• May 13, 2015 - 6:45 pm

      Sash - No one I could have asked that wouldn’t have been seriously inconvenienced. My friends all have small children who they would have had to drag out onto the highway at dinner time. Horrendous. Of course if it were a serious emergency or if I had absolutely no other option, I would have found an alternative. I’m terrible at asking for help too… but there are some things that are hard to ask of friends, who aren’t responsible for you (like close family are for each other) and who have long lists of their own responsibilities that they need to take care of.

      My independence is definitely equally a curse and a blessing 😉 xReplyCancel

  • July 13, 2015 - 11:42 am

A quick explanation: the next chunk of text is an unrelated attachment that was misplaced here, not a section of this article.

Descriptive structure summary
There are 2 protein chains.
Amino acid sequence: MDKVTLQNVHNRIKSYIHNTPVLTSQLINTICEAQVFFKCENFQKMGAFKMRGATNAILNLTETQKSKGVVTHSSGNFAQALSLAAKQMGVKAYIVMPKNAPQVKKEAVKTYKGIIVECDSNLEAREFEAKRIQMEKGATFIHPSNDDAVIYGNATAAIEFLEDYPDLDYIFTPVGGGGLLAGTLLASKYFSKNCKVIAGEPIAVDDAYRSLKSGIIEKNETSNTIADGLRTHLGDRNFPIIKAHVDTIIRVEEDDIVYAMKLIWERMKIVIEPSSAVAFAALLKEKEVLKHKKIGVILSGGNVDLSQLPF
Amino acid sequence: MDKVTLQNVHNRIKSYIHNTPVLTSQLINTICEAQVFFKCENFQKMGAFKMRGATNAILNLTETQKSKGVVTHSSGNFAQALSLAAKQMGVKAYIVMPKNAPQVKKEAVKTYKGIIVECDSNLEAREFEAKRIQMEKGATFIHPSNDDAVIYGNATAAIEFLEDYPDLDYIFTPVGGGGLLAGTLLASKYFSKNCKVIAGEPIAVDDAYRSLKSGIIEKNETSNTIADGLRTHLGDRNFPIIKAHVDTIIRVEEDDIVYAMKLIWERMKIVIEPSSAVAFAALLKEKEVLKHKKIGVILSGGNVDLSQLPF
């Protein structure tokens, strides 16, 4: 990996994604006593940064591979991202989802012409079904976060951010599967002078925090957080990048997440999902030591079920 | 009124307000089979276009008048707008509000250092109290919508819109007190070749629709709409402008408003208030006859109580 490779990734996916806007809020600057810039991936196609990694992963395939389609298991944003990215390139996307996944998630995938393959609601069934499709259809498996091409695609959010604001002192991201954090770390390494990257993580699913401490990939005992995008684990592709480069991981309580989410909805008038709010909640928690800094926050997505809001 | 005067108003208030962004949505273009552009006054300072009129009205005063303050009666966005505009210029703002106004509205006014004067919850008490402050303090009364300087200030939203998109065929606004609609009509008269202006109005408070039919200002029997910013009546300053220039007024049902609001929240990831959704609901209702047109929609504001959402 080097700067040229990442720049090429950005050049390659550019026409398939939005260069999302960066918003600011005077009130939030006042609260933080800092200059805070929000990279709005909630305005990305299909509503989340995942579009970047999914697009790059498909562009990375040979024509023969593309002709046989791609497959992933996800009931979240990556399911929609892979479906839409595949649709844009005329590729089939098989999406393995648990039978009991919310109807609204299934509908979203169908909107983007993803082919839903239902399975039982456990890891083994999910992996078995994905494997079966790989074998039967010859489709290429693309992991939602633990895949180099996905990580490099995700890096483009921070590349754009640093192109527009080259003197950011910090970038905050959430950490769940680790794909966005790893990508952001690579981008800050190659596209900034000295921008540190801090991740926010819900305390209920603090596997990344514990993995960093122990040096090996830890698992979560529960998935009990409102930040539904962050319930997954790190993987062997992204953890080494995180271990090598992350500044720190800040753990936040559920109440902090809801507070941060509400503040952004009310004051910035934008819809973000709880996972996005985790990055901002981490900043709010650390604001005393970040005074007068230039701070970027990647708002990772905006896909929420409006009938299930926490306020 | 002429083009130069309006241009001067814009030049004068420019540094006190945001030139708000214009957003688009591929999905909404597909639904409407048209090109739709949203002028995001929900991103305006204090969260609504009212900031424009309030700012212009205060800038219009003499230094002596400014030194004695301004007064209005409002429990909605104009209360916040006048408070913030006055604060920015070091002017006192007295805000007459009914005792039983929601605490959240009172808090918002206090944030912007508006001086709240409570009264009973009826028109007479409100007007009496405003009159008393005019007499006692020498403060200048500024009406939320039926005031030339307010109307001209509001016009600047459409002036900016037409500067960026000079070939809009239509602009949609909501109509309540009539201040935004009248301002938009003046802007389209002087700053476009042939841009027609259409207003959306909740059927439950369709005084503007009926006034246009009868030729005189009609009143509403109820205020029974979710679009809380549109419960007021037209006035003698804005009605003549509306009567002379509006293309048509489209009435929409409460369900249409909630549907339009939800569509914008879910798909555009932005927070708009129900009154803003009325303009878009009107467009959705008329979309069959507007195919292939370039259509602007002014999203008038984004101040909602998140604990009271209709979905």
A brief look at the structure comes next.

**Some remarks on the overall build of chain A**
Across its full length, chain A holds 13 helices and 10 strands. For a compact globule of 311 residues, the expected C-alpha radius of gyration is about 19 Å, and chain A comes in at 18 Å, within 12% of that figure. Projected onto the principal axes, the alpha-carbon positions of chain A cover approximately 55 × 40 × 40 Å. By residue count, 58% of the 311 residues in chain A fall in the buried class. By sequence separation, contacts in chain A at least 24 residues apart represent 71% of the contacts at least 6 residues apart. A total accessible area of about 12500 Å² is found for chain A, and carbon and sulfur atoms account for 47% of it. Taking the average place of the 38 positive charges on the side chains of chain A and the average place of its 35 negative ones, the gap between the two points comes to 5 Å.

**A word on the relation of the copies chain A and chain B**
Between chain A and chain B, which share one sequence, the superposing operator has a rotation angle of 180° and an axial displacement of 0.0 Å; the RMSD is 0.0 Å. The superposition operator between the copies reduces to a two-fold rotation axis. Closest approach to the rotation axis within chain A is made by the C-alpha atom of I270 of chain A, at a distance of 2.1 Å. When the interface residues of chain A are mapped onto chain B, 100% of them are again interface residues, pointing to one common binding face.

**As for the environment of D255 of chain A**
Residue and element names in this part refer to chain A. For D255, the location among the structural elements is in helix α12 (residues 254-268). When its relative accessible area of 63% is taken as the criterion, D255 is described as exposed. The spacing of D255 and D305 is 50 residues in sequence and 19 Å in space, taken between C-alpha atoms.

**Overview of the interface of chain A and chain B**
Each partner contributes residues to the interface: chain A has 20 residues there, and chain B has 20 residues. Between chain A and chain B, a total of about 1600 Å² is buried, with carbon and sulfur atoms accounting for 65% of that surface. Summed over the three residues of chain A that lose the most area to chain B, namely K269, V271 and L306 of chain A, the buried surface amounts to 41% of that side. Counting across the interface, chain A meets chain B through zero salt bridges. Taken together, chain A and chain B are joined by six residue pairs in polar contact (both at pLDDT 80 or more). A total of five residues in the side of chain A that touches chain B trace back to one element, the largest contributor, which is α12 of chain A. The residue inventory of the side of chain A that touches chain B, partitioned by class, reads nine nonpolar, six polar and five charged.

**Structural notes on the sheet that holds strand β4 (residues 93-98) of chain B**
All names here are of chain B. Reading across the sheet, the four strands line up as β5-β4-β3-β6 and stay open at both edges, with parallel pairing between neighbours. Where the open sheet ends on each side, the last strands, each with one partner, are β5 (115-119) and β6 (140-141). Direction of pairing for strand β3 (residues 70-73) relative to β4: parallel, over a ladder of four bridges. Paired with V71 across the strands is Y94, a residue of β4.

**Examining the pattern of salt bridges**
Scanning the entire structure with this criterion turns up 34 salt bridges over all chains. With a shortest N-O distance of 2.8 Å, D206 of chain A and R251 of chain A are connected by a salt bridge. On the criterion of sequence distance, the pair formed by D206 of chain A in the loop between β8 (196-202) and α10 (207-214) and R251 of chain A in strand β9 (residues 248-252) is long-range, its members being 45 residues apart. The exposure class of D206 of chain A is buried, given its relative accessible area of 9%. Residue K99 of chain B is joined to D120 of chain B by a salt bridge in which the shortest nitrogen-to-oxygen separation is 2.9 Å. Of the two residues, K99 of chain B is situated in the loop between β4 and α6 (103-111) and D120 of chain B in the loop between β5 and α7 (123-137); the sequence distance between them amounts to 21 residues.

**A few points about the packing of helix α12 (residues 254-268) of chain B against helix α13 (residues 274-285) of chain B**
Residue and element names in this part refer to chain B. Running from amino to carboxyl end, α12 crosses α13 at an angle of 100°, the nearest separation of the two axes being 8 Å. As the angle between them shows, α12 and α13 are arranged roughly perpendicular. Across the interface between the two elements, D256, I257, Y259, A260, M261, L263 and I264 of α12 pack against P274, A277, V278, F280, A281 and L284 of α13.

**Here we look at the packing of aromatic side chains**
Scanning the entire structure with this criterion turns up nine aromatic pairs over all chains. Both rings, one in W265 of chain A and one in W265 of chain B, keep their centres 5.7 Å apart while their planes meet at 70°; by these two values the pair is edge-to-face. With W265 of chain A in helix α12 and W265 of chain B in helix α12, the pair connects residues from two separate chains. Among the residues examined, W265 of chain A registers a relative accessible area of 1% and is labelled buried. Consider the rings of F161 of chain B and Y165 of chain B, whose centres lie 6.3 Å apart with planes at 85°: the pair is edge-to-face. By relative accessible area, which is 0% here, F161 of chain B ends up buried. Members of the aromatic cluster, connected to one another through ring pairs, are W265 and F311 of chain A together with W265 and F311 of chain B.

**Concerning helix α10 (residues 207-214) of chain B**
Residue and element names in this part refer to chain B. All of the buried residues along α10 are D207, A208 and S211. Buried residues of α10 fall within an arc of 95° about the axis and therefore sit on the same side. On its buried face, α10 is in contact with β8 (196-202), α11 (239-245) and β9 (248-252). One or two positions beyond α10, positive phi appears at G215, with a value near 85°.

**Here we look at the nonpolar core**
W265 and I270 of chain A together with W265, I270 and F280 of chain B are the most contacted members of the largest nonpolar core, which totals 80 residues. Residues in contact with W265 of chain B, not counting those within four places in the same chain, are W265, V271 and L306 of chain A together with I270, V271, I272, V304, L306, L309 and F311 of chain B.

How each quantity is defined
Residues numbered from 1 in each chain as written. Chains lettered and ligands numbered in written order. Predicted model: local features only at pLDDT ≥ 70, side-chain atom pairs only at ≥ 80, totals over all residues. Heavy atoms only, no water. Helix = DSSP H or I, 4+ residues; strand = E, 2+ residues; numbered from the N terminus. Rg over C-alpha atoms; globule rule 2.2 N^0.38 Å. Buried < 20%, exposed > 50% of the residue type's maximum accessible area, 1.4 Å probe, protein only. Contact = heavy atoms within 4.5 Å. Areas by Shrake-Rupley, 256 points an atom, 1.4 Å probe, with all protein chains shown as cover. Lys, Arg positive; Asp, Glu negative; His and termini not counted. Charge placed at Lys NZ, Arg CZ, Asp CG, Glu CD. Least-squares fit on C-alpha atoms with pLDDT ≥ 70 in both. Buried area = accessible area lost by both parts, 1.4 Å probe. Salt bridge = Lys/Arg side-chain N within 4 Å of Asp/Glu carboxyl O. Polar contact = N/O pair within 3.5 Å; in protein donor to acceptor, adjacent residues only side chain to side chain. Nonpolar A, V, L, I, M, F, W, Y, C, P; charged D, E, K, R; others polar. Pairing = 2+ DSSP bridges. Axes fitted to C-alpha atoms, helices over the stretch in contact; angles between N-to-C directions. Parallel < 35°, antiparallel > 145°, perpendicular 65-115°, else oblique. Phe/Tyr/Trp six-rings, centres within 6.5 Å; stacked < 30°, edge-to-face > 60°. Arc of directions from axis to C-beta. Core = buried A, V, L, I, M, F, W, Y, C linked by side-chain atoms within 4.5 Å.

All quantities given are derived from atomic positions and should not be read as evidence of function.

Arana - Wow. You summed it up so beautifully. My husband had an affair last year and walked out. 16 yrs. two kids. One just a baby. And he just walked away. So easily it frightens me. I was blindsided in every way possible. Like your story there we’re promises and never action. Since then I’ve struggled with so much, the losses, the grief, the confusion(16 yrs makes you think you know someone) the figuring it all out on my own, finances, all of it. He rarely sees them. He takes no responsibility for helping parent them except the child support I filed for, sometimes not even that. And people don’t get it. They just assume he’s there somewhere in the background doing what they think he should be-except he isn’t and there’s so many times in the last year I’ve had to say there just isn’t anyone else. And it hurts each time. I feel like everytime I say it, in my head I finish with and it wasn’t supposed to be that way. It hurts when people just don’t get it, there isn’t anyone else. So many think single parenting means the other parent takes them every weekend and splits responsibilities equally and is dependable like some Disney movie. It’s just not like that for everyone. But we figure it out.ReplyCancel